That's very interesting, since a larger amygdala is also associated with autism, you know, insensitivity to process other peoples emotions and faces:http://www.cnn.com/2009/HEALTH/05/04/autism.brain.amygdala/?iref=mpstoryview
And yet, larger amygdalas might be helpful for social bonding:
http://en.wikipedia.org/wiki/AmygdalaAmygdala volume correlates positively with both the size (the number of contacts a person has) and the complexity (the number of different groups to which a person belongs) of social networks. Individuals with larger amygdalae had larger and more complex social networks. It is hypothesized that a larger amygdala allows for greater emotional intelligence, enabling greater societal integration and cooperation with others.
A larger anterior cingulate is also associated with self-reflection, i.e. thinking about one's thinking process:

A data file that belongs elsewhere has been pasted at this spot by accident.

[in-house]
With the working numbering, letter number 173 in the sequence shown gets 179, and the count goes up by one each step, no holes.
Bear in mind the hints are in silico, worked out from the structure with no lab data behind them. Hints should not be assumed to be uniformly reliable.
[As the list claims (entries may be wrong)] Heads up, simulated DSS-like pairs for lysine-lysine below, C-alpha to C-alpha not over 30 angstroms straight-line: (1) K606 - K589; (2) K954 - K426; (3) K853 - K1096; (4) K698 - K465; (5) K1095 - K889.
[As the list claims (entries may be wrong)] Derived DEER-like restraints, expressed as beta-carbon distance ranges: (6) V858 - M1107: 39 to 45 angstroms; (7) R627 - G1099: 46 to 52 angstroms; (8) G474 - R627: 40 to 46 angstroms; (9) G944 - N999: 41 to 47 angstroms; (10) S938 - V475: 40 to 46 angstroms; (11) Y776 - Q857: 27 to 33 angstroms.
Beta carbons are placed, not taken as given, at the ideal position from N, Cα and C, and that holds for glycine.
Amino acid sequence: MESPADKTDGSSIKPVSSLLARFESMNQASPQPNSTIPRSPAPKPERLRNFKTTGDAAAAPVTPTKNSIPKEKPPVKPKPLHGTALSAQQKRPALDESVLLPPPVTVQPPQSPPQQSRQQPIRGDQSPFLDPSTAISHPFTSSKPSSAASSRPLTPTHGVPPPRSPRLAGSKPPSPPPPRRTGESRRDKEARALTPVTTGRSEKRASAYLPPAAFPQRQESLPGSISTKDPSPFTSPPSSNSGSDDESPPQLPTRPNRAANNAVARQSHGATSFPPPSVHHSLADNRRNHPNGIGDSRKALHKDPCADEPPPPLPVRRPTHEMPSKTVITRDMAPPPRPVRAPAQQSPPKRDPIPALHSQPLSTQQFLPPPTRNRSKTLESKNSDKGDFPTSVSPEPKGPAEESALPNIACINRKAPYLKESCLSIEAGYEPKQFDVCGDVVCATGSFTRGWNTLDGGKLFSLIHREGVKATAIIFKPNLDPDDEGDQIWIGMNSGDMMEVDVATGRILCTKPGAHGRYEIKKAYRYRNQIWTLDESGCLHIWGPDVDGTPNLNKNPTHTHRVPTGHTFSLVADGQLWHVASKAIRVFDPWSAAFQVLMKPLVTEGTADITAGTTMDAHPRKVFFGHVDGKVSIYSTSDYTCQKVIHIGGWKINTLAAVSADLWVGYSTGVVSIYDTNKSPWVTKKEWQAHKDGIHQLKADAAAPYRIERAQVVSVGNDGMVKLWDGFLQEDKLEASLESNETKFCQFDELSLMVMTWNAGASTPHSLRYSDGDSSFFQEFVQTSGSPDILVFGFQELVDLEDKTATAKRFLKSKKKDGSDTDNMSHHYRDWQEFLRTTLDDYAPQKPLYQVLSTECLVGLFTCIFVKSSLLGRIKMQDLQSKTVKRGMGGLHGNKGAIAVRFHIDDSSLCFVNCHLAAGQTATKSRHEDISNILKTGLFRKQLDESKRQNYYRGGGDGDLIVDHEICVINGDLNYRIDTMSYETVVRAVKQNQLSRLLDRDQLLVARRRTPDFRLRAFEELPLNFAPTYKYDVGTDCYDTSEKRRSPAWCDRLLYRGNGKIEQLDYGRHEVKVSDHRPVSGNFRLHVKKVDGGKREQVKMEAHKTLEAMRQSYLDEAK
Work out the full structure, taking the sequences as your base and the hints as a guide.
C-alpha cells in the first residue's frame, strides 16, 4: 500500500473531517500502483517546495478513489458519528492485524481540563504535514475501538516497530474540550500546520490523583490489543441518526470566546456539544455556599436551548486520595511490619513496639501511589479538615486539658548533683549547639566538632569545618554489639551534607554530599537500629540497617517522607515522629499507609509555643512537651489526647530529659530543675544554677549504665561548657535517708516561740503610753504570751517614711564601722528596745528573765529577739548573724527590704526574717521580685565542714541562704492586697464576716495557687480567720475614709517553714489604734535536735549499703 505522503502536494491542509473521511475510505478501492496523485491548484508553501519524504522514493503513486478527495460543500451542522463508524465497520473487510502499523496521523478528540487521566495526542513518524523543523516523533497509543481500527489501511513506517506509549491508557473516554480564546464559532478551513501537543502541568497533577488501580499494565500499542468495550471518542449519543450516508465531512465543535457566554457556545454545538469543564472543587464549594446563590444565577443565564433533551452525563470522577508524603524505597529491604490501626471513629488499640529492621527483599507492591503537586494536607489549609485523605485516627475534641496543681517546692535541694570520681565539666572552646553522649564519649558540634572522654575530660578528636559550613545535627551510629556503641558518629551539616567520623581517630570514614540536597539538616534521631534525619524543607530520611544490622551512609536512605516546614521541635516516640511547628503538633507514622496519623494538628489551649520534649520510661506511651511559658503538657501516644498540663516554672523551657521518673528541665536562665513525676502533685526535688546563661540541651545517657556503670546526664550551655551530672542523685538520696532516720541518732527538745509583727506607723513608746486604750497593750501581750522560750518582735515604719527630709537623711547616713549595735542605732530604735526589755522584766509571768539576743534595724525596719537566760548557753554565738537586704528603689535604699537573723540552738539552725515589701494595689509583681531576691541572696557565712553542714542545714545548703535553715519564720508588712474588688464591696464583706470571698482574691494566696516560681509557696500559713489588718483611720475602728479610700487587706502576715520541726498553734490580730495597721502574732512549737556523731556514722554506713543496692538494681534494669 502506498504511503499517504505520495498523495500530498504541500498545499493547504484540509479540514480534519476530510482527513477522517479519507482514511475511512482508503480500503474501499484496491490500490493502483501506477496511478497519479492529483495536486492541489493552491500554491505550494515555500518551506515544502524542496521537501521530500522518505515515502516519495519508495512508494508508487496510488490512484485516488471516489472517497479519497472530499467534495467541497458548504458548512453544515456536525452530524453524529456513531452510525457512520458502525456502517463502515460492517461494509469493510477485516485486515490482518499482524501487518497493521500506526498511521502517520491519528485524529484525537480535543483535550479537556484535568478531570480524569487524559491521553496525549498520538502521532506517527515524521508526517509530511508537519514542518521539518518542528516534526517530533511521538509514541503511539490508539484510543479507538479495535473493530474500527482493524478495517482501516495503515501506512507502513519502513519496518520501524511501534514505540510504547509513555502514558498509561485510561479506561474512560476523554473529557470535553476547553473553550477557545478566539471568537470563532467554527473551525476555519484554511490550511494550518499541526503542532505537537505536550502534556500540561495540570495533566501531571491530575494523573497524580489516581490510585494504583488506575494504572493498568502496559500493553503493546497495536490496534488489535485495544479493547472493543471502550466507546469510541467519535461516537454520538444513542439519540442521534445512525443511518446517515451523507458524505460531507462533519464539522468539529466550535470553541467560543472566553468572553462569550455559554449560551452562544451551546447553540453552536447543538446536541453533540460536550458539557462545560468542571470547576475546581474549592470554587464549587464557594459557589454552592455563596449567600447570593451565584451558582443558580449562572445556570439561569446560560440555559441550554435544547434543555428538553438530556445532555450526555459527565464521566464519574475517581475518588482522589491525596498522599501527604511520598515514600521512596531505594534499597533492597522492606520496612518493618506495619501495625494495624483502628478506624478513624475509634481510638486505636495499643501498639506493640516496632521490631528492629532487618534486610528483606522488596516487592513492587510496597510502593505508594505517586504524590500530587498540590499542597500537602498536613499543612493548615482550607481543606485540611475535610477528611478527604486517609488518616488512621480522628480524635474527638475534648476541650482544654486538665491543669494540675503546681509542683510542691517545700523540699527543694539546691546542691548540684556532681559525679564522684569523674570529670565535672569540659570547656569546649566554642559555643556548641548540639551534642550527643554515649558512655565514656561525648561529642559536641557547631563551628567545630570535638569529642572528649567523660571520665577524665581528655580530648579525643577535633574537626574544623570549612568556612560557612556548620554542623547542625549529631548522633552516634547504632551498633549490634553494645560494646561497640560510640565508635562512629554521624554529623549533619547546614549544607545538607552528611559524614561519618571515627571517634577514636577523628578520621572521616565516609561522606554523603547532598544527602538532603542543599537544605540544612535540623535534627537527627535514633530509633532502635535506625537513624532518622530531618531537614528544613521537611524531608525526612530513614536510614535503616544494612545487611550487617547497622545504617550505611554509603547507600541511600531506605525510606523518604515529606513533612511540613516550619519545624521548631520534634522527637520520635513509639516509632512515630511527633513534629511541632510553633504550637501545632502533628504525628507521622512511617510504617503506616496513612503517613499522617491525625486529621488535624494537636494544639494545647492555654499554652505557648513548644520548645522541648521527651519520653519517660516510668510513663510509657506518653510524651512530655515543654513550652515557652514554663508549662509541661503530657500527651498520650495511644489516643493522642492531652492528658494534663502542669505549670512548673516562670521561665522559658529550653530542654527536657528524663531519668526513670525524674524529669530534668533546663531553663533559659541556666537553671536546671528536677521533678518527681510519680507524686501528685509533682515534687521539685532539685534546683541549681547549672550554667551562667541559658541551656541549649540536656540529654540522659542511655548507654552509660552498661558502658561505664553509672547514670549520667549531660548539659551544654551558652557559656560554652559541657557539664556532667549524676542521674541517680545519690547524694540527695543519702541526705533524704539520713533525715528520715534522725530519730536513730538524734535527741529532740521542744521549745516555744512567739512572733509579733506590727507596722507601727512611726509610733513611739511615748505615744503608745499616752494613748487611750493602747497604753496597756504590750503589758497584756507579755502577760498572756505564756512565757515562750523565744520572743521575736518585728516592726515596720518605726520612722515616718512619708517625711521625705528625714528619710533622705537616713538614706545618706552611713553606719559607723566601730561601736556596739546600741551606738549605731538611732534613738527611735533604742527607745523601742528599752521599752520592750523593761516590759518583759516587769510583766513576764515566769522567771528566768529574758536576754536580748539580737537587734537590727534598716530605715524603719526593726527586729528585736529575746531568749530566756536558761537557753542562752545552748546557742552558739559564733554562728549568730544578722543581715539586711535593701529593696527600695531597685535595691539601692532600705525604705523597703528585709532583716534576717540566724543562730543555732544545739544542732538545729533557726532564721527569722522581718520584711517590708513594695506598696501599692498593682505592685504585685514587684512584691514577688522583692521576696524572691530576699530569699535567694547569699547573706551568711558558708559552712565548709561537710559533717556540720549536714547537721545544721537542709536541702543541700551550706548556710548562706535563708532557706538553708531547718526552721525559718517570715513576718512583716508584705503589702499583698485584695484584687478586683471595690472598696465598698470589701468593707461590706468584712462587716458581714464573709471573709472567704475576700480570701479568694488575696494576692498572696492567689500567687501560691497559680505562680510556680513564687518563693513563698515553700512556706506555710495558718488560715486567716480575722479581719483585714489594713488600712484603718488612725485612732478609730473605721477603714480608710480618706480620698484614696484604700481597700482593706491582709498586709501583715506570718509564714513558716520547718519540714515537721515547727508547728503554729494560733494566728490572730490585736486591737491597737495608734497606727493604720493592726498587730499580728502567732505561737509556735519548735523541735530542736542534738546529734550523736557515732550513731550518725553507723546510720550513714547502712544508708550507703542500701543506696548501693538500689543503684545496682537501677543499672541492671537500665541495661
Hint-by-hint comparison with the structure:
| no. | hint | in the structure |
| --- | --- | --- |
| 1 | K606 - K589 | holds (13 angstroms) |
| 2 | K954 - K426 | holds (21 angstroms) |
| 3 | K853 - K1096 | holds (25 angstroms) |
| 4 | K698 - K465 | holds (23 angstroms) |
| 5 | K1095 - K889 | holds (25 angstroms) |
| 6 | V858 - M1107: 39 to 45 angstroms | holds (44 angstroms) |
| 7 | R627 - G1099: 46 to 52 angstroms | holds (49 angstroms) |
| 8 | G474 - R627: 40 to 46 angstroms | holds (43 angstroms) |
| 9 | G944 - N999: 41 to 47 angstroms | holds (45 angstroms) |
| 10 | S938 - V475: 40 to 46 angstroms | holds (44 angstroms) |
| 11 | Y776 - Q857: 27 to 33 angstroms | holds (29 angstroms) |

http://rewireyourbrainforlove.com/anterior-cingulate-cortex-6-seductive-reasons-why-bigger-is-better/One of the most important and exciting features of the ACC is that it is the part of the brain that is not only responsible for kids (and adults) being able to pay attention, but it also allows us to pay attention to attention – to think about what we’re thinking, to observe what we’re doing while we’re doing it. It’s taken me a long time to realize this is not a function that everybody’s brain is readily able to do, and certainly for most of us, not all the time. William James, the father of psychology, once said that “the education of attention would be an education par excellence.” He didn’t realize it, but he was essentially talking about building out the ACC! So that’s the first reason to help kids grow a Super-sized Anterior Cingulate … so they can learn to easily attend to what they’re attending to.